How do people affected by Cleft lip or Palate adjust into adulthood? Participants wanted for new research study

Issue date: 12 February 2016


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A new study at the University of the West of England (UWE Bristol) is looking to explore the psychological factors that contribute towards adjustment (good or bad) in adults born with a Cleft lip and/or Palate.

Researchers at the world-leading Centre for Appearance Research are looking to interview adults aged 18 or over affected by Cleft lip and/or Palate.

Matthew Ridley is a researcher in cleft lip/palate from the Centre for Appearance Research, based at UWE Bristol. With the support of The Cleft Lip and Palate Association (CLAPA), and as part of a national programme of research entitled The Cleft Collective, Matthew has set up a study to ask adults to talk about their significant life experiences and events.

Matthew said, “Cleft lip/Palate is one of the most common congenital conditions in the world, affecting one in 500-700 infants every year in the UK.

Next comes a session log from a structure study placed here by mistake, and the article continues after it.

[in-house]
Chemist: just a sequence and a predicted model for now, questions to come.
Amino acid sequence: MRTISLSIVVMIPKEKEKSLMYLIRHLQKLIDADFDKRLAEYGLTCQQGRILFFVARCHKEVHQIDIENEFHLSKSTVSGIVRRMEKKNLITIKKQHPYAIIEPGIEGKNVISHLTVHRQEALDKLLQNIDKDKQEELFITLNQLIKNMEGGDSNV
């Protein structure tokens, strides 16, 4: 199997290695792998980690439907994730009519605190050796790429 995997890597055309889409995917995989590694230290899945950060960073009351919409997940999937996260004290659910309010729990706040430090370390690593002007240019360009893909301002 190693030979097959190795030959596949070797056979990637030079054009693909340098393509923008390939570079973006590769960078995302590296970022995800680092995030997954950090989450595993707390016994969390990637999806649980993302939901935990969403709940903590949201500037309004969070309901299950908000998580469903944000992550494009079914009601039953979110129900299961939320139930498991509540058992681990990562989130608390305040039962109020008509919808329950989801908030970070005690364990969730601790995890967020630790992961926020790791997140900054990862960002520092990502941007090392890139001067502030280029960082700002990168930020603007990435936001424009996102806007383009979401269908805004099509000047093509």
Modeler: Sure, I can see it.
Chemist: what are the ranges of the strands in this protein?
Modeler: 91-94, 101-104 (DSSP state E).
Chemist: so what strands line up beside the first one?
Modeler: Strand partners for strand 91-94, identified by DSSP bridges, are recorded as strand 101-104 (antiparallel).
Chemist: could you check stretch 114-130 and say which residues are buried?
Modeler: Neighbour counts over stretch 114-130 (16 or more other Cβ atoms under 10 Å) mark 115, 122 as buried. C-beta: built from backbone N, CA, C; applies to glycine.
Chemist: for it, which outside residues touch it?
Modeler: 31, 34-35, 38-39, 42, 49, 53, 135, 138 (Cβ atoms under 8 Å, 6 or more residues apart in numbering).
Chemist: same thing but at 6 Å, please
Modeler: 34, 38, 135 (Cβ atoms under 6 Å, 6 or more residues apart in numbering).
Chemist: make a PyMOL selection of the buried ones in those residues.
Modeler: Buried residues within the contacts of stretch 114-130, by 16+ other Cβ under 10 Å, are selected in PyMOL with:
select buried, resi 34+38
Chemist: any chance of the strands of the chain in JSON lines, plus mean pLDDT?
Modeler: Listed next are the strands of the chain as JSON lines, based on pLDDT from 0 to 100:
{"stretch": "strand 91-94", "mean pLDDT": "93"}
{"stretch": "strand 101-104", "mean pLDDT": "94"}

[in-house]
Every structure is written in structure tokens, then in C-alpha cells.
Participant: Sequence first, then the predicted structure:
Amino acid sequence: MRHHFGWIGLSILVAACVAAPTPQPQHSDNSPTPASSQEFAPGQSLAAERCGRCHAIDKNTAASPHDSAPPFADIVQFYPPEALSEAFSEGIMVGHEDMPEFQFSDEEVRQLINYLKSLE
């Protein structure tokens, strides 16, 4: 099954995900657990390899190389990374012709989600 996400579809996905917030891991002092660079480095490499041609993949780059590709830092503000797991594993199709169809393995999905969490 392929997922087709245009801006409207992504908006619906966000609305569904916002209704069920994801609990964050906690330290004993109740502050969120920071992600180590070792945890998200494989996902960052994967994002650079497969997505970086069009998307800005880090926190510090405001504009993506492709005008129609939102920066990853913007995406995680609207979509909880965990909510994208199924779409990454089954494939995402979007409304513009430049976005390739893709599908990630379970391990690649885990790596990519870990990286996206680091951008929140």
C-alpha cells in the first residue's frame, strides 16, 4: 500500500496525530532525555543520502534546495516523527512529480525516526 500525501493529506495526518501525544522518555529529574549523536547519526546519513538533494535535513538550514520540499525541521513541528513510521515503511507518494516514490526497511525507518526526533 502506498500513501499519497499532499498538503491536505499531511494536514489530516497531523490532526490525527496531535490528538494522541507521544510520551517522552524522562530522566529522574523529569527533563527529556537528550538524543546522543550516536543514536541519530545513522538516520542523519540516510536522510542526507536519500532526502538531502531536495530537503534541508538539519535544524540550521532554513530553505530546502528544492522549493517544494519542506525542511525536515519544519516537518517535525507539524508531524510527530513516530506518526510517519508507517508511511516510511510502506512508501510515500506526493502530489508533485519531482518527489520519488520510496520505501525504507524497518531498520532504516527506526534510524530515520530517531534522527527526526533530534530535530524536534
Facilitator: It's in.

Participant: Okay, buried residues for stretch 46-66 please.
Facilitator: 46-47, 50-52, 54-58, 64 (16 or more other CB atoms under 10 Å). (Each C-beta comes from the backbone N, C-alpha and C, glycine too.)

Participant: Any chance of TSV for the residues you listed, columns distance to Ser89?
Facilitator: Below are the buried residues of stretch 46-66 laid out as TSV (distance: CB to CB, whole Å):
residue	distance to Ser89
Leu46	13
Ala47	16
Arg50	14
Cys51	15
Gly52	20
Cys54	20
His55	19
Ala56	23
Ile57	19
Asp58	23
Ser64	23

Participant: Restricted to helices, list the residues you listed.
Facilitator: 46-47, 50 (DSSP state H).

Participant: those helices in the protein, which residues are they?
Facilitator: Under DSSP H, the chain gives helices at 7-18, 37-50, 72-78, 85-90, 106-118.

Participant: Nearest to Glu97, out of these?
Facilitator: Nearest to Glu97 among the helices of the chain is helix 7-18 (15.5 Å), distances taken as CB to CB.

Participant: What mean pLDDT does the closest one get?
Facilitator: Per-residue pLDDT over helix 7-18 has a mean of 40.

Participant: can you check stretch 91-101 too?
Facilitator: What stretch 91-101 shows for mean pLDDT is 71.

“Previous research has focussed mostly on children and young people and considerably less so on adults. This is needed because understanding more about how adults with cleft adjust may have potential to inform interventions aimed at promoting positive outcomes in the long term (adulthood)”

Taking part in the research would involve speaking with a trained researcher over the telephone, for a maximum of one hour. Adults aged 18 years and above are invited to tell their story. The findings of the study will be used to inform treatment and support for those born with a cleft and their families, as well as future research.

To express your interest in taking part in this study, or to find out more information, please contact Matthew directly: Matthew.Ridley@uwe.ac.uk

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